Regan and I have not had many recent opportunities to take a trip together, due to her working towards a Master's in sustainability at Northern Arizona University, combined with my busy work schedule at several field sites across the northern part of the state. Nonetheless, we made the most of an opportunity to visit southern Colorado and northern New Mexico in the summer. I was able to fly fish in the Colorado portion of the trip, beginning with a brief foray near Pagosa Springs, where we had the good fortune to stay at a rental house at a reduced rate, thanks to friends from Flagstaff that owned the place.
The upper San Juan River flows right through town, and has a reputation for turning out some sizable browns, so it seemed a logical place to wet a line. Unfortunately, recent summer storms had created runoff conditions and turned the water into a heavy-flowing, chocolate-colored mess. The town itself was intriguing, as it had a large network of hot springs for soaking, and possessed some of that mountain small town charm that still seems to exist in the wilder, less-populated southern part of the state.
We decided to head out of town on one of the wandering Forest Service roads the following day as the clouds lifted and sunlight filtered through in spots, to track down an upper tributary that might be flowing more clearly. The landscape featured some jagged pinnacles of stone thrusting above aspen and conifer, echoing both the Southwest and the Rockies.
Sure enough, we found a cold and clear gem to hike along, with the trail terminating at a thundering cascade.
I rigged up and tied on a Neversink Caddis, as the rushing crystalline flows seemed to call out for a bushy attractor dry. In short order, my cast was answered by the swirling rise of a trout.
I wasn't sure what to expect with the identity of the fish, but was delighted to bring a Rio Grande cutt to hand, my first of this race of cutthroat, and the true native trout in this corner of the country.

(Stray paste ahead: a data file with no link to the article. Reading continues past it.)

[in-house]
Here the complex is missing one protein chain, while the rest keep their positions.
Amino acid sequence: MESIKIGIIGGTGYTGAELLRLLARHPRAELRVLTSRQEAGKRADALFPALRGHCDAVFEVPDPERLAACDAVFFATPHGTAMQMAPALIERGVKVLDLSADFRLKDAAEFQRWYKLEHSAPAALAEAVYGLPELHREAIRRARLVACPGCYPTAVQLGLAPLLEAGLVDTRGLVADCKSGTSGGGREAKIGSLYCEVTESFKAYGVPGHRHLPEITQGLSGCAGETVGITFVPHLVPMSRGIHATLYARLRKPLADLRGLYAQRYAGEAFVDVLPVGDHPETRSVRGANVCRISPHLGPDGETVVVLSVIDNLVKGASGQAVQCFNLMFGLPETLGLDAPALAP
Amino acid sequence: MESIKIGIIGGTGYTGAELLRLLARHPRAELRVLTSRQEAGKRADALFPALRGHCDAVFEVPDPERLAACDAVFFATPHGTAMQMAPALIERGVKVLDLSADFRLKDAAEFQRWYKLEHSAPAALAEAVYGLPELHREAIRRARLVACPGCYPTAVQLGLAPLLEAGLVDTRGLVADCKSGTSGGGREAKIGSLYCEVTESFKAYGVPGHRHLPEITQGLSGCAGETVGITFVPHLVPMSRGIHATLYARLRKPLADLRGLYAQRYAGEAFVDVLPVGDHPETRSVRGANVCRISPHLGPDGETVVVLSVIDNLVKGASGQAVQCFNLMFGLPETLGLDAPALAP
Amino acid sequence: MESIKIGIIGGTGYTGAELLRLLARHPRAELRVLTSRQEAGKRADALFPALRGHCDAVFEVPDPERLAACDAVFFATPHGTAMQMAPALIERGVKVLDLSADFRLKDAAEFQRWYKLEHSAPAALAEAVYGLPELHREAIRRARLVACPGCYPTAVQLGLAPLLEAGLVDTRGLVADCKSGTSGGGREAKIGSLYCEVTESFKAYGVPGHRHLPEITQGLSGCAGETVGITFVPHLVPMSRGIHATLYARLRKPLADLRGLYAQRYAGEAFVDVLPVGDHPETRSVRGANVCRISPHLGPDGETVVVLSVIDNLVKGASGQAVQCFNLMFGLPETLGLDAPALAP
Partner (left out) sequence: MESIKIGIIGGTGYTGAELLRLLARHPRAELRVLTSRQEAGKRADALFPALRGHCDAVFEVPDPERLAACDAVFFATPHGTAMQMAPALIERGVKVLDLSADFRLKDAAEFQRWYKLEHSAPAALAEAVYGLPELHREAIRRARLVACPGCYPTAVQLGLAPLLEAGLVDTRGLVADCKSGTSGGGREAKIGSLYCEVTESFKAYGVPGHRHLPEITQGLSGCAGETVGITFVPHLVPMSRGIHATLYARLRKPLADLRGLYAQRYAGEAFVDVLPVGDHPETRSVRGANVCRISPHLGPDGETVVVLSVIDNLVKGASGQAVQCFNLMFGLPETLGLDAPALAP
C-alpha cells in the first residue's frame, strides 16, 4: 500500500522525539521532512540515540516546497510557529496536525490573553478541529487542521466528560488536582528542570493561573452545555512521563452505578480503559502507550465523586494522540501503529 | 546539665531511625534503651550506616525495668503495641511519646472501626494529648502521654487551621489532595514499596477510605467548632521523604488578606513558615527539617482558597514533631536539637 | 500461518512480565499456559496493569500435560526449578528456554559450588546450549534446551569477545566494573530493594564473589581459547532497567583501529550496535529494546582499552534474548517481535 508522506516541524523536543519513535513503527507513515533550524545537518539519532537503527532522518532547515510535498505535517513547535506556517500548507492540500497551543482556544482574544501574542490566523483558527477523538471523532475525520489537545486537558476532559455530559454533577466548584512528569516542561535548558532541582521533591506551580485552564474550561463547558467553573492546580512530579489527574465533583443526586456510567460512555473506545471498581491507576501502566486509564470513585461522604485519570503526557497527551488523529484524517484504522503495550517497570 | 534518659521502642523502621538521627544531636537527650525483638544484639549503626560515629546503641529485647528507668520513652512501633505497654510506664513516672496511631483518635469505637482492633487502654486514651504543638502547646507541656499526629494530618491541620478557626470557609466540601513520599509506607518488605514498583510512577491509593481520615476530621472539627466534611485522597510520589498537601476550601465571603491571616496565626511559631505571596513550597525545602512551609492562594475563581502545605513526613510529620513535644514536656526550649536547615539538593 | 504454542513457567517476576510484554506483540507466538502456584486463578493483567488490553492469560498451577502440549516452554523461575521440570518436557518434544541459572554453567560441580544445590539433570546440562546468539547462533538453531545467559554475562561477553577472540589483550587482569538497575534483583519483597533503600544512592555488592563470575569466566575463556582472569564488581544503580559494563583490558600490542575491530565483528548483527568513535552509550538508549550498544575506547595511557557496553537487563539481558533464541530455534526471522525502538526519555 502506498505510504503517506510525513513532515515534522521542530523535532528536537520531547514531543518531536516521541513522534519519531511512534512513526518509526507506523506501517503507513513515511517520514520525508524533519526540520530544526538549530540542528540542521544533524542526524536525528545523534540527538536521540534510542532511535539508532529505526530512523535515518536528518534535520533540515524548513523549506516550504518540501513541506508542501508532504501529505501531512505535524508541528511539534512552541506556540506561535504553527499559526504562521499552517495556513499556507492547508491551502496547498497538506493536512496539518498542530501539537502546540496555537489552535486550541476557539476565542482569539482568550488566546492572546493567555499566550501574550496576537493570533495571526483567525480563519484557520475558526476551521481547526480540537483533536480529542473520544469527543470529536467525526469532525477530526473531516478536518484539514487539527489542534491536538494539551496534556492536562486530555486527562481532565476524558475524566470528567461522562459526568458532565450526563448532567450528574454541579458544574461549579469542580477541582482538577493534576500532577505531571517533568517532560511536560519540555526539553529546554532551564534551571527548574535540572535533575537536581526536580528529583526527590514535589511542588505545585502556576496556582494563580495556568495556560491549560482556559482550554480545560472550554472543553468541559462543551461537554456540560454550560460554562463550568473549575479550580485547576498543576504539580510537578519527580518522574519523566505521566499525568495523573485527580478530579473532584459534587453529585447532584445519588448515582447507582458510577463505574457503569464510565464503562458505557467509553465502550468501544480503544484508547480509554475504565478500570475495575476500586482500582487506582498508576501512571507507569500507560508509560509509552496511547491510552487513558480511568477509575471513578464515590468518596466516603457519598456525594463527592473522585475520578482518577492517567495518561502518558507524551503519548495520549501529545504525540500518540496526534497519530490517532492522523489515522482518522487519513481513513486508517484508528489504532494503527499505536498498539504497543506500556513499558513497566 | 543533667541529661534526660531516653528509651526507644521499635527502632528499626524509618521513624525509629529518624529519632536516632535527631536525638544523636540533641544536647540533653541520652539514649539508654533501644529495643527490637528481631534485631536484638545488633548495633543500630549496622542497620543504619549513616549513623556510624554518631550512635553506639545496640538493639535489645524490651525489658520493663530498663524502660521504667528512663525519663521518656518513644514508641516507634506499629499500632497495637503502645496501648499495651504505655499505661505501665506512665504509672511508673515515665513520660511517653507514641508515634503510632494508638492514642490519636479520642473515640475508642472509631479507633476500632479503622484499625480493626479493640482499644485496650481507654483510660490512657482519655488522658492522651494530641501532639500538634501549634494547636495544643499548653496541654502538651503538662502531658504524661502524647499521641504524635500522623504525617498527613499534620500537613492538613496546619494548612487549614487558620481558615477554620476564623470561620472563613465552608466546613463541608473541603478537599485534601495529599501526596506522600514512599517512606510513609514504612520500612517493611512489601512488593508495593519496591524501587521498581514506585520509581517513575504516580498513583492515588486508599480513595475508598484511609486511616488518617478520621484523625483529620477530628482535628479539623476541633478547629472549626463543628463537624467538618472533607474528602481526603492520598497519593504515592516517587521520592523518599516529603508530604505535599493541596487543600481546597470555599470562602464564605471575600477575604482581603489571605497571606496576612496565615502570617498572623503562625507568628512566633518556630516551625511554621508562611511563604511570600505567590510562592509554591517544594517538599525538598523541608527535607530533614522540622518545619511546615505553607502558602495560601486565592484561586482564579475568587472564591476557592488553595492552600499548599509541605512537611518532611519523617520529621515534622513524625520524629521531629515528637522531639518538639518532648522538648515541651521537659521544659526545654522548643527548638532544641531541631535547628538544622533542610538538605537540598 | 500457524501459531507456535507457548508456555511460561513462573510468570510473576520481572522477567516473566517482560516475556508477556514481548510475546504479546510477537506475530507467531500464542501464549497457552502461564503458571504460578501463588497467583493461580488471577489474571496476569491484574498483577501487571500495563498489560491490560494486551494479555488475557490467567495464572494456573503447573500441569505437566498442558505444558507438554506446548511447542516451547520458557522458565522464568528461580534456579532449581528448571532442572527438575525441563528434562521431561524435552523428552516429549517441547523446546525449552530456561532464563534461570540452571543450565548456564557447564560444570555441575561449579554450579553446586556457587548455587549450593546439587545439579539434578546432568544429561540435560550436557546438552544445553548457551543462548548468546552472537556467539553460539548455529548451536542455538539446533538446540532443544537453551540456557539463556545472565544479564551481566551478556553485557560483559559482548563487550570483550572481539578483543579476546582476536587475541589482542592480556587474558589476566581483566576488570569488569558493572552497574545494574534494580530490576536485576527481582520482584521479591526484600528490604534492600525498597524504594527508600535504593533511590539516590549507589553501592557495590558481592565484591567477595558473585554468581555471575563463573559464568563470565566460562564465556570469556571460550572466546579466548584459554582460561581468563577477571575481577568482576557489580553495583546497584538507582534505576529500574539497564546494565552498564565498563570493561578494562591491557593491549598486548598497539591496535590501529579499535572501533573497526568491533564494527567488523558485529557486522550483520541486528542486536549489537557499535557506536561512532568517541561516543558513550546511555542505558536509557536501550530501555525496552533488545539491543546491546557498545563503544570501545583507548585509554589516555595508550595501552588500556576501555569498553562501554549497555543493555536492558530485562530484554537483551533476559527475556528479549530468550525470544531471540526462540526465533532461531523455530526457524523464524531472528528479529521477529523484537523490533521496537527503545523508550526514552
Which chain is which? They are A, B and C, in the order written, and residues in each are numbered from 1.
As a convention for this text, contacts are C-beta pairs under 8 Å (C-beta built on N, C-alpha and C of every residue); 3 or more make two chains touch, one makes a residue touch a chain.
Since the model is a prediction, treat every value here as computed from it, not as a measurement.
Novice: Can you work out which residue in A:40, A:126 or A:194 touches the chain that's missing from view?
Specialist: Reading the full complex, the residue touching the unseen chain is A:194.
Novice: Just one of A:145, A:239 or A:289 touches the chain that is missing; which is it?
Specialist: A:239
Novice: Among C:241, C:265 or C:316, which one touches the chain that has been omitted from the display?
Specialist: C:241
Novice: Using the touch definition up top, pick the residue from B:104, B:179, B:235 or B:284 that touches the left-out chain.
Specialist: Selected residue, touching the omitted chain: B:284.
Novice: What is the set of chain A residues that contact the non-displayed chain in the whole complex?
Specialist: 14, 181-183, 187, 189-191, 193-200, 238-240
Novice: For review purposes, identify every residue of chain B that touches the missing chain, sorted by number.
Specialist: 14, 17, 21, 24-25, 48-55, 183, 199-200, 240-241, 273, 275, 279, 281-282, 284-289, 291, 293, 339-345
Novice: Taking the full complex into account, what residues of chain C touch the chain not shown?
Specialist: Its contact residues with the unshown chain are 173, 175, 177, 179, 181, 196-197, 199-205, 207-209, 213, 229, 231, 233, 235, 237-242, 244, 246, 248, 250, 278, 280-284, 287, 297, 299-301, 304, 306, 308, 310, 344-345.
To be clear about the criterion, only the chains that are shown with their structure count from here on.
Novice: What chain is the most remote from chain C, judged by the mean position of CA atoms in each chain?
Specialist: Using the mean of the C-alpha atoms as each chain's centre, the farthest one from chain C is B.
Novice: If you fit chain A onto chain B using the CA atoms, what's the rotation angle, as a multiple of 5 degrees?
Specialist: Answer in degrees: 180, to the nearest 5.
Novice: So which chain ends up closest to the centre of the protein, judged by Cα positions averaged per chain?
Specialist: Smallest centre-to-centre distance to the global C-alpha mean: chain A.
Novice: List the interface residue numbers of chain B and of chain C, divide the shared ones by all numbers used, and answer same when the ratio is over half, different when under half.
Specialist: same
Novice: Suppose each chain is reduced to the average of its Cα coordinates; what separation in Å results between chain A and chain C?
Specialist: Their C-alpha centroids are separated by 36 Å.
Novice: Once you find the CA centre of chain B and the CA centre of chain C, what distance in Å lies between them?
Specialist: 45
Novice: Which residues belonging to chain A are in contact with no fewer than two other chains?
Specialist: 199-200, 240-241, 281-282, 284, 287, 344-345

Like its close relatives the Colorado River and Greenback cutthroat, the Rio Grande cutt can exhibit brilliant coloration, and this individual certainly affirmed that reputation.
Here are a couple more photos of the fish before release--Regan took all of the fish pictures in this entry, and they came out quite well. Moreover, something about these precious little trout seemed to demand multiple images in an attempt to capture their beauty.
I caught a few more fish in the next hour or so, all of them cutts, the largest pictured below, right around a foot.
And here is the same fish being returned to merge seamlessly once more with its natal stream.
We soon left the tumbling creek and headed to another trailhead, this one leading to a small montane lake surrounded by spruce and heavy clouds.
Naturally I wandered along the shoreline and prospected with casts, but I was unable to attract the attention of any fish. The lake may have been barren, but it did have an outlet, and seemed to have enough depth to avoid freezing completely (not to mention a fine little Callibaetis hatch that came off during an intermittent drizzle). Perhaps any fish present were simply not in a feeding mode. Who knows? Yet another mystery to keep things unpredictable and fascinating, which often seem to go hand in hand with fly fishing.
Life was thriving along the shore, in the form of wildflowers and butterflies occupied with pollination.
Eventually, it was time to make our way back through groves of aspen, and on towards Pagosa Springs as the skies continued to threaten rain. The following day, we were set to hike and camp in Conejos country for several days, which will be detailed in the next post.